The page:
Science Inventory

Cost of nitrogen use in the US

Citation:

Compton, J. Cost of nitrogen use in the US. True Cost of American Food, San Francisco, CA, April 14 - 17, 2016.

Impact/Purpose:

Growing human demands for food, fuel and fiber have accelerated the human-driven fixation of reactive nitrogen (N), one of the most dramatic changes to the sustainability of Earth’s systems. Recent work at EPA has quantified the inputs of nitrogen to the conterminous US, and determined that approximately 65% of the N fixed within the US is used in agriculture as synthetic N fertilizers and by N-fixing crops such as alfalfa and soybeans. Leakage of from human activities to the environment can result in a host of human health and environmental problems including effects on human respiratory health via mortality, hospital visits and loss of work days due to the formation of smog, costs associated with treatment and replacement of drinking water contaminated with nitrate, losses to recreation and fisheries resulting from algal blooms and hypoxia in freshwater and coastal ecosystems. This work was presented at the recent True Cost of American Food meeting hosted by the Sustainable Food Trust. The environmental costs are just one area that is important to the attendees of this meeting, but also include implications for human health, social justice, animal welfare, farm systems, economics, methods for incorporating ecosystem services, communications and policy and voluntary incentive options for change. This abstract is part of SHC 4.61.

Description:

Growing human demands for food, fuel and fiber have accelerated the human-driven fixation of reactive nitrogen (N) by at least 10-fold over the last century. This acceleration is one of the most dramatic changes to the sustainability of Earth’s systems. Approximately 65% of the N fixed within the US is used in agriculture as synthetic N fertilizers and by N-fixing crops such as alfalfa and soybeans. Leakage of from human activities to the environment can result in a host of human health and environmental problems (see figure). These costs include effects on human respiratory health via mortality, hospital visits and loss of work days due to the formation of smog, costs associated with treatment and replacement of drinking water contaminated with nitrate, losses to recreation and fisheries resulting from algal blooms and hypoxia in freshwater and coastal ecosystems. Often these harmful effects are not reflected in the costs of the food, fuel, and fiber that depend upon N use. A recent US EPA study (Sobota et al. 2015) quantified the potential damage costs associated with N leaked from the following sources: synthetic and manure fertilizers, crop N-fixation, wastewater, and fossil fuel combustion. Each source was traced through the nitrogen cascade to the environment (see figure) in order to connect to existing data on the costs of specific forms of N in specific situations in order to calculate the annual damage cost of anthropogenic N. Estimates of N leakage ranged from <1- 125 kg N ha-1 yr-1, with approximately 71% of this N leaking into freshwater ecosystems. Areas with substantial agricultural N inputs tended to have greater damage costs when compared to urban and non-cultivated lands. Eutrophication of freshwater ecosystems and respiratory effects of atmospheric N pollution were important across all the sites. For the US, potential health and environmental damages of anthropogenic N in the early 2000s totaled $210 billion per year USD (range: $81 - $441 billion per year). Nearly 75% of the damage costs were associated with agricultural N leakage and effects on aquatic systems. The costs associated with agricultural N used were approximately $157 billion, ranking it as the source with the greatest damage costs. Similar work in the EU also identified $45-296 billion in damages associated with agriculture. Significant data gaps remain in our ability to fully assess N damages, such as damage costs from harmful algal blooms and drinking water contamination. Despite the gaps and uncertainties in these estimates, this work indicates that the costs of N use are substantial and can be used as a starting point to engage stakeholders and inform management of N pollution. Reference: Sobota, D.J., J.E. Compton, M.L. McCrackin and S. Singh. 2015. Cost of reactive nitrogen release from human activities to the environment in the United States. Environmental Research Letters 10:025006.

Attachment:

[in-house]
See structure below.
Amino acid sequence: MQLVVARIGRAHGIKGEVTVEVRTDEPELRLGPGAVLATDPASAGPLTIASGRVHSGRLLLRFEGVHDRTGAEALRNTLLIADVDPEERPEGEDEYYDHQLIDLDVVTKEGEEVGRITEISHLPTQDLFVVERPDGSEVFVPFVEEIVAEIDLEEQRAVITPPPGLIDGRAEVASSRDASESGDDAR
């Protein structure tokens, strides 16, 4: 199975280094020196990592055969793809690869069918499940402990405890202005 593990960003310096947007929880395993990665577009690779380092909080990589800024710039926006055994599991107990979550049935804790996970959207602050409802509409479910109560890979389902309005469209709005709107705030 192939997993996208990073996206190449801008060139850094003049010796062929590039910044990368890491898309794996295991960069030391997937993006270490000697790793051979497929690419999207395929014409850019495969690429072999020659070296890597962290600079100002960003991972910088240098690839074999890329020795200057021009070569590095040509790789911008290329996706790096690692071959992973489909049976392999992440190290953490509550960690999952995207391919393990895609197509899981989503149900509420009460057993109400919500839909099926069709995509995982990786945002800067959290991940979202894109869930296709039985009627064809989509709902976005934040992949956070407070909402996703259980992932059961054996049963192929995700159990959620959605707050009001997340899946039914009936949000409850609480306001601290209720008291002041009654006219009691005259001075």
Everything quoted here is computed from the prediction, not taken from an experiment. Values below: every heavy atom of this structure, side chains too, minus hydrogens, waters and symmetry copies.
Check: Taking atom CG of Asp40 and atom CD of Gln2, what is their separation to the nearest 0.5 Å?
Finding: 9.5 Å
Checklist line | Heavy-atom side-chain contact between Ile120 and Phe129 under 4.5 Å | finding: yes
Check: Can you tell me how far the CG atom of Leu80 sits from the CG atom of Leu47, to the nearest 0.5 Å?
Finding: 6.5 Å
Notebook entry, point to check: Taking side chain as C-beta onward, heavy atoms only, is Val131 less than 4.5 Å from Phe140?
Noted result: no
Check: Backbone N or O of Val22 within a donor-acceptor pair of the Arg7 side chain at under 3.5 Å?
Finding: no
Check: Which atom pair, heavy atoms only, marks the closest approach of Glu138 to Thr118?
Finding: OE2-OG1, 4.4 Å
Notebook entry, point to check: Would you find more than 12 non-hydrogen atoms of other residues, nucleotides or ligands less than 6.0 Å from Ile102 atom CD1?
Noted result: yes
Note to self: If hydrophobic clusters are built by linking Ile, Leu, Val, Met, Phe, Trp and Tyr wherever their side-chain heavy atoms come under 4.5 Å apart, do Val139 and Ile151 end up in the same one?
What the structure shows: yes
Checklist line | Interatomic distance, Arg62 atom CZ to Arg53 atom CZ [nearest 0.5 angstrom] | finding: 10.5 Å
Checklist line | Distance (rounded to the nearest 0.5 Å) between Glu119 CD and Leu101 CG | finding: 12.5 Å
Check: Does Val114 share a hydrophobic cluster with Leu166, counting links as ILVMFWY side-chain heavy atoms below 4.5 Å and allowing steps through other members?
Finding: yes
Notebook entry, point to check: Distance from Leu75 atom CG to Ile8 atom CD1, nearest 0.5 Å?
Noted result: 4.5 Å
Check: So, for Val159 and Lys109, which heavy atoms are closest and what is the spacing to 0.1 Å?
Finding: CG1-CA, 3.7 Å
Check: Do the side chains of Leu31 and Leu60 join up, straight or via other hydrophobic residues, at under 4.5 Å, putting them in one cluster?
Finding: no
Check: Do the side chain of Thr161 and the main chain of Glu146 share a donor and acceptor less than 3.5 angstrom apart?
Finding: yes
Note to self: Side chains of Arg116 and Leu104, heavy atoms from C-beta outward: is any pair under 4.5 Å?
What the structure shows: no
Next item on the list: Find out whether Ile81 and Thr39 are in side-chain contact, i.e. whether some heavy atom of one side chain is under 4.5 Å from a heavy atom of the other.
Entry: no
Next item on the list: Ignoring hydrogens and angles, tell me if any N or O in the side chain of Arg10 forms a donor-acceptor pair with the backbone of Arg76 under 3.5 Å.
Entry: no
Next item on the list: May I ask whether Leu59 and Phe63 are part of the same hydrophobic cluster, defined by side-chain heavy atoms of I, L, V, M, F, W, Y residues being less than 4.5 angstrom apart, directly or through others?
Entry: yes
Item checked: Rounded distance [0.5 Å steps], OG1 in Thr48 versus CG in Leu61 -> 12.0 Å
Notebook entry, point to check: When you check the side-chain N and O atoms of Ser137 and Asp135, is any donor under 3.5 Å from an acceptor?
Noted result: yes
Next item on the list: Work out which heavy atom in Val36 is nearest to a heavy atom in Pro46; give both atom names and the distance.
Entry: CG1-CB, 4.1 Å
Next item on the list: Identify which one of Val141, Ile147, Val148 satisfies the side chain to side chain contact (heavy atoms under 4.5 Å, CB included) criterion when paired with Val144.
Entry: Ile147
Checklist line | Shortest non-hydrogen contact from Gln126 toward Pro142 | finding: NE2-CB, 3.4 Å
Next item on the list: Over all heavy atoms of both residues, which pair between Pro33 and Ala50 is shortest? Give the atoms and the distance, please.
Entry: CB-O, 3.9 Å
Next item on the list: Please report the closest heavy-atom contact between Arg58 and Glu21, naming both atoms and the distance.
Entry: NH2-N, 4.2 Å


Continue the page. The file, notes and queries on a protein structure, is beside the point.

Record Details:

Record Type: DOCUMENT ( PRESENTATION/ ABSTRACT)
Product Published Date: 04/17/2016
Record Last Revised: 09/16/2016
OMB Category: Other
Record ID: 326950